Proper Ways to Dispose of Deceased Animals

By Tom Ryan

When one of your animals dies, you are faced not only with the grief of loss, but also the responsibility of properly disposing of the body. The method with which you dispose of your animal's body depends entirely on your sentimentality -- you may opt for a solution as involved as a cemetery burial or as simple as literally throwing the body away with the trash. Whatever route you take, ensure that the body is taken care of in a legal and sanitary fashion.

Tip #1 - Some areas allow homeowners to bury the body in their yards. Laws vary from area to area, so contact your local animal control agency for exact instructions. In Baton Rouge, for example, small pets must be buried at least 2 feet deep, while livestock must be buried at least 6 feet deep. In Iowa, by contrast, livestock must be buried no more than 6 feet deep.

Tip #2 - Contact a local veterinarian about cremation services. Not all vets offer cremation services for deceased pets, but if they don't, they will refer you to someone who does.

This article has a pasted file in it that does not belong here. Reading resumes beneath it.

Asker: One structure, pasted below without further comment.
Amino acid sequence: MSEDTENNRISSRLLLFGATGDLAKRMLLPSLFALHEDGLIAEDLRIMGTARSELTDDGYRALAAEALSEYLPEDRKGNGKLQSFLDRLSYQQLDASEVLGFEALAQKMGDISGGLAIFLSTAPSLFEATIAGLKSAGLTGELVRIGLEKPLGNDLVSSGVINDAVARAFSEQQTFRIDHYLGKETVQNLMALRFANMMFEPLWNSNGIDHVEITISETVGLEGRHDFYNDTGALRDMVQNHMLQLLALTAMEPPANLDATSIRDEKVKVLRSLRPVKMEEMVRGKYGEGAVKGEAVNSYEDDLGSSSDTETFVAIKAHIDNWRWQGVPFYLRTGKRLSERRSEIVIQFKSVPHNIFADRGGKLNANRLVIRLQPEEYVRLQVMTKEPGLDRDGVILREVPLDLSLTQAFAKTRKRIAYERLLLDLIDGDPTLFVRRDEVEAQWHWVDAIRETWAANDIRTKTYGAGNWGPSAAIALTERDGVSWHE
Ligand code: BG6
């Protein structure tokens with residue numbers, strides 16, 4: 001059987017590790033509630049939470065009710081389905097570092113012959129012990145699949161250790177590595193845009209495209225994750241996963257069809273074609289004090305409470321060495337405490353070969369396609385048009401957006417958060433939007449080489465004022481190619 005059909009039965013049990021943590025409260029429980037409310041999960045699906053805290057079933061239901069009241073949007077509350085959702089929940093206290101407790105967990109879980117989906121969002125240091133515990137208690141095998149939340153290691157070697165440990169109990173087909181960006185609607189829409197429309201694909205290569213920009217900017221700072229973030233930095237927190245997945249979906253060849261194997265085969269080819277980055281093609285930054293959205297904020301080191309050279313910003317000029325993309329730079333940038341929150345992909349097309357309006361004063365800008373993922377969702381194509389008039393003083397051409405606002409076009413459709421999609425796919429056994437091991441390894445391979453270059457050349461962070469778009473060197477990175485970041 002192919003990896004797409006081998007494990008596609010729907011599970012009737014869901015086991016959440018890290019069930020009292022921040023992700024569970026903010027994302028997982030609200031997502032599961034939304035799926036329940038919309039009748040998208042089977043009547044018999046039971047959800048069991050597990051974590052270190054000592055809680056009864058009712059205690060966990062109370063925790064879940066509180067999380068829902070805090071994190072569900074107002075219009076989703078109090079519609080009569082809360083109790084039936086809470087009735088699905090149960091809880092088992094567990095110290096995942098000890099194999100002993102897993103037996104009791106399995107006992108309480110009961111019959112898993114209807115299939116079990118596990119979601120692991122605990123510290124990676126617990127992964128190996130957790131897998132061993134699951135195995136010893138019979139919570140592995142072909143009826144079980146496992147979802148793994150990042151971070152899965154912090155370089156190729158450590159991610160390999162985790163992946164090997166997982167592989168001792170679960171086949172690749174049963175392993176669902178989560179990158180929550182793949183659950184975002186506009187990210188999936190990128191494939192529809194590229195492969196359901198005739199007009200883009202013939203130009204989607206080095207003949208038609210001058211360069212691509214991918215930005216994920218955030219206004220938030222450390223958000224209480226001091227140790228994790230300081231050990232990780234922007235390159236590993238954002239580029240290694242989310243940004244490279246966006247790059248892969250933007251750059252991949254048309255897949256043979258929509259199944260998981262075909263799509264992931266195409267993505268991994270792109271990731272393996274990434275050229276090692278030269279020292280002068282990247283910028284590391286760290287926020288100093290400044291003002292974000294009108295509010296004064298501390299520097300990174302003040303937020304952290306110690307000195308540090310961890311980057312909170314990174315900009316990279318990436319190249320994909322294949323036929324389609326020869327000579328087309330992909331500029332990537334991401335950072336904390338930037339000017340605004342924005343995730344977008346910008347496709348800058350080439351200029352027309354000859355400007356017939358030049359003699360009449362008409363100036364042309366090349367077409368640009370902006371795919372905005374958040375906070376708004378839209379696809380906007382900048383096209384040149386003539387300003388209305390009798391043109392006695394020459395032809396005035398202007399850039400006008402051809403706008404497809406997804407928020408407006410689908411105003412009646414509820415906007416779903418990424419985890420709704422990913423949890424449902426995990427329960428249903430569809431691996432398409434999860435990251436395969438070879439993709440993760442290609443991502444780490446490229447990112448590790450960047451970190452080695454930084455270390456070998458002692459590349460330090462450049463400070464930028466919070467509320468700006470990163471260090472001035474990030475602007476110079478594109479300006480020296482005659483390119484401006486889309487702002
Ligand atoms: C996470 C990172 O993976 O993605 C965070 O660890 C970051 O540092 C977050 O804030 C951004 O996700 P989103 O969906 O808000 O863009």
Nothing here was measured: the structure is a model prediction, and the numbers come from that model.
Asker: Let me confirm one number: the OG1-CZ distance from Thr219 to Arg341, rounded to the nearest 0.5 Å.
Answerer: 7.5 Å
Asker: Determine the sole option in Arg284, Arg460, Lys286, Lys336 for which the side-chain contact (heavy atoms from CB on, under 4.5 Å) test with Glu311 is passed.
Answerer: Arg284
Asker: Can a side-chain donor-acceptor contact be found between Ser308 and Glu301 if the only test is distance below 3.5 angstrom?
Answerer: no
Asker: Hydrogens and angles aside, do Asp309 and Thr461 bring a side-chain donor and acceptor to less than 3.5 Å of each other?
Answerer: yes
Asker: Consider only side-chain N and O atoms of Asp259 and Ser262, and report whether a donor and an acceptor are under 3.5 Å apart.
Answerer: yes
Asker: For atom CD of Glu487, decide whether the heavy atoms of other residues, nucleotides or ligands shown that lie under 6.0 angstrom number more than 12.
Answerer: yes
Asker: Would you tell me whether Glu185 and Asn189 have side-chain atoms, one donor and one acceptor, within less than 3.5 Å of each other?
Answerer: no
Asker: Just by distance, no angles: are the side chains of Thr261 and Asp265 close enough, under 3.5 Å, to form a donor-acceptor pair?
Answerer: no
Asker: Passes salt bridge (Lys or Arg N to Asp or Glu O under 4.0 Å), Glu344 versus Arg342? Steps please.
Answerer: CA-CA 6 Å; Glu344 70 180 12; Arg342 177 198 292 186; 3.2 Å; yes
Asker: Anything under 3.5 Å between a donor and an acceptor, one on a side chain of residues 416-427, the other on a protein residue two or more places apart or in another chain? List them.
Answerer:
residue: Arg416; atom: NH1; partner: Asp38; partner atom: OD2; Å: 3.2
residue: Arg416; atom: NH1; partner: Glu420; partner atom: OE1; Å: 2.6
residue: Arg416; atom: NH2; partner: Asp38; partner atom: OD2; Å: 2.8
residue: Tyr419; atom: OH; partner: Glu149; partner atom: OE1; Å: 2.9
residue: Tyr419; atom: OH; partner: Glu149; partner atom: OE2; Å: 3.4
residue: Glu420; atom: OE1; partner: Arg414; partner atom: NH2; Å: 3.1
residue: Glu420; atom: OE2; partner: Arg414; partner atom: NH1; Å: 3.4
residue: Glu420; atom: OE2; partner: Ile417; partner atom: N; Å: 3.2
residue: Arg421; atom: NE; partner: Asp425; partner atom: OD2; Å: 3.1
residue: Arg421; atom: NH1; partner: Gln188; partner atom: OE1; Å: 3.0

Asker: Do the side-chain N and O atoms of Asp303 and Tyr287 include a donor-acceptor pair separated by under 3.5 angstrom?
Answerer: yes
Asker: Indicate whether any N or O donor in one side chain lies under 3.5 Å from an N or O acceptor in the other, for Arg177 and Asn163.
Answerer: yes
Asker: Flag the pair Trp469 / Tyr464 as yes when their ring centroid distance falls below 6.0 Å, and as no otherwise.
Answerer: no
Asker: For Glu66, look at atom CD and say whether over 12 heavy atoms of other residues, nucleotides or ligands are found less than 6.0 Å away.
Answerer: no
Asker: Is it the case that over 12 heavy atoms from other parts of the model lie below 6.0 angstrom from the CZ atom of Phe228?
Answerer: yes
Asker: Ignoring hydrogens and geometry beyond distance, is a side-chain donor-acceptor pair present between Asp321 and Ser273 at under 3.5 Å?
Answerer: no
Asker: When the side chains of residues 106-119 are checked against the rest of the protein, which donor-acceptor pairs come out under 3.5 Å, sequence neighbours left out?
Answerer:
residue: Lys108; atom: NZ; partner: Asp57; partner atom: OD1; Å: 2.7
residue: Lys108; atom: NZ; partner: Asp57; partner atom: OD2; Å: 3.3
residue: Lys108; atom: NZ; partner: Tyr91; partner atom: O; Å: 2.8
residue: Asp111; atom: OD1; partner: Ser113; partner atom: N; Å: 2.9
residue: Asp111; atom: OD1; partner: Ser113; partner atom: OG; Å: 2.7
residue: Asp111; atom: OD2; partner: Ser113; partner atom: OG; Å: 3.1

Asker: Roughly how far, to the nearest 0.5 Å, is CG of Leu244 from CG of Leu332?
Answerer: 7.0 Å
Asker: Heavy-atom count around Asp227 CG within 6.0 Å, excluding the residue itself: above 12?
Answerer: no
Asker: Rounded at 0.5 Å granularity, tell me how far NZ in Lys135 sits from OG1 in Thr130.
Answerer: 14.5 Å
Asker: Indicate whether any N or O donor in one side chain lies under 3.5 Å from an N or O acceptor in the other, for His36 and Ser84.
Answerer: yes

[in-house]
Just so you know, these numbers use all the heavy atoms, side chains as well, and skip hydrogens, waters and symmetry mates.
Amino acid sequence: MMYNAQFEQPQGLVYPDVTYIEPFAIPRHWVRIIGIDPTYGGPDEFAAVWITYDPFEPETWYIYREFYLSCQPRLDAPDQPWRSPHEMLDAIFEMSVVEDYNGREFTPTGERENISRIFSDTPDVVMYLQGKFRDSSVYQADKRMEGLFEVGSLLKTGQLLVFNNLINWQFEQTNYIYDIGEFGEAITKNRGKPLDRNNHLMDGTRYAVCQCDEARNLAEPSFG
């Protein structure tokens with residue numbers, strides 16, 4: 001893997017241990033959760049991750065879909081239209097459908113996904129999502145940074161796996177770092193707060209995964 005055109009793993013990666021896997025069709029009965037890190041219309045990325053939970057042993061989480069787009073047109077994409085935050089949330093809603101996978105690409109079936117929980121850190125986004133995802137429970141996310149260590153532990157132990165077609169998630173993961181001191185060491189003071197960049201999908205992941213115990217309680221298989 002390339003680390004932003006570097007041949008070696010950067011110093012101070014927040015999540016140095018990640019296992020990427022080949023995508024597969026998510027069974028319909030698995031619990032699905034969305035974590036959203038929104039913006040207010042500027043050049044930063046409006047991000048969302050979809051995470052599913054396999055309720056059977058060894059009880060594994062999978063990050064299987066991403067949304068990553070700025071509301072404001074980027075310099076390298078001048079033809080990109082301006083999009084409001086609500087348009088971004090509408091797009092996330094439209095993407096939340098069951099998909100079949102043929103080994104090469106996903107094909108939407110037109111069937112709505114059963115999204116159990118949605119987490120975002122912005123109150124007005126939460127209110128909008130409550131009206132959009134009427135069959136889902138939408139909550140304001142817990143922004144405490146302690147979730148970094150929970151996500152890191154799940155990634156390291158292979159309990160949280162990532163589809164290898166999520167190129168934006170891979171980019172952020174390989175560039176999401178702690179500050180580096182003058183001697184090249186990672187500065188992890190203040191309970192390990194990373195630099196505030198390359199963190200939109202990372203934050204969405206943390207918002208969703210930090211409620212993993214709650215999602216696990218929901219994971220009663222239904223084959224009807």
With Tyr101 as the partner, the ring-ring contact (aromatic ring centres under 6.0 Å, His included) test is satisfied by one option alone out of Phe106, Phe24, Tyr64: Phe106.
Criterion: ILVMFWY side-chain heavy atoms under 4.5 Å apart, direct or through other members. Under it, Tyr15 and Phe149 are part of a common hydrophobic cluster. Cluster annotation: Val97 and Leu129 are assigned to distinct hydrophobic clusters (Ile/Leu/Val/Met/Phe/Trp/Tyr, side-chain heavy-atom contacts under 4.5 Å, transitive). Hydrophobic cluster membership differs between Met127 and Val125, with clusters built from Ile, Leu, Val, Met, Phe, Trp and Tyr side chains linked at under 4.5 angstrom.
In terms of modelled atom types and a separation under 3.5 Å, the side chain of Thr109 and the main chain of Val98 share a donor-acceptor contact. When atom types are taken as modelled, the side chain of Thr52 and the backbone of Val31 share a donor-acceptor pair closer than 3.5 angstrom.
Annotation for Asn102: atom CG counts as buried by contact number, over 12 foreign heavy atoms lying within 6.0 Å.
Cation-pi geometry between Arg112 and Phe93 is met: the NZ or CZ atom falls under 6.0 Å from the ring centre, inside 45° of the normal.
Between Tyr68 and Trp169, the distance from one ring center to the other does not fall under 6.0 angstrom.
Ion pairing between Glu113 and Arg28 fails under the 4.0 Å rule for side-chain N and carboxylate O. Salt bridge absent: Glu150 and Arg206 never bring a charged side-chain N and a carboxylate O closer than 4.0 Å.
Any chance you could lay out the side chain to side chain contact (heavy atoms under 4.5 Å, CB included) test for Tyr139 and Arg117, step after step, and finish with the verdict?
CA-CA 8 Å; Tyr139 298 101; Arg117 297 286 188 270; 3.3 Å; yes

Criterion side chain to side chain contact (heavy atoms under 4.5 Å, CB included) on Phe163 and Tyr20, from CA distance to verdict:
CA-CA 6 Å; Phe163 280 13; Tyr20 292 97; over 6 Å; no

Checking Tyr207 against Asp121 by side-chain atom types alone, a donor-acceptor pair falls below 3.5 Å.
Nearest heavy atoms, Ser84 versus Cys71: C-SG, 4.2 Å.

Warning: Do not attempt to burn animal bodies yourself unless it is in a professional -- non-homemade -- incinerator meant for the purpose, and you have been trained for the job.

Tip #3 - Contact a pet cemetery to make arrangements for your animal's body. Pet cemeteries ensure your animal's security after burial, and may even pick up the body from your home.

Tip #4 - Ask your local animal control agency about disposing of your animal's body with the garbage. You may, for example, be able to wrap the animal in an old shirt, place it in a cardboard box, tape it shut and leave it at the curb with your other refuse.

Tip #5 - Take your animal to a local sanitary landfill. While not all landfills accept dead animals, the ones that do will dispose of the animal's body in a sanitary way.

By Tom Ryan


About the Author
Tom Ryan is a freelance writer, editor and English tutor. He graduated from the University of Pittsburgh with a degree in English writing, and has also worked as an arts and entertainment reporter with "The Pitt News" and a public relations and advertising copywriter with the Carnegie Library of Pittsburgh.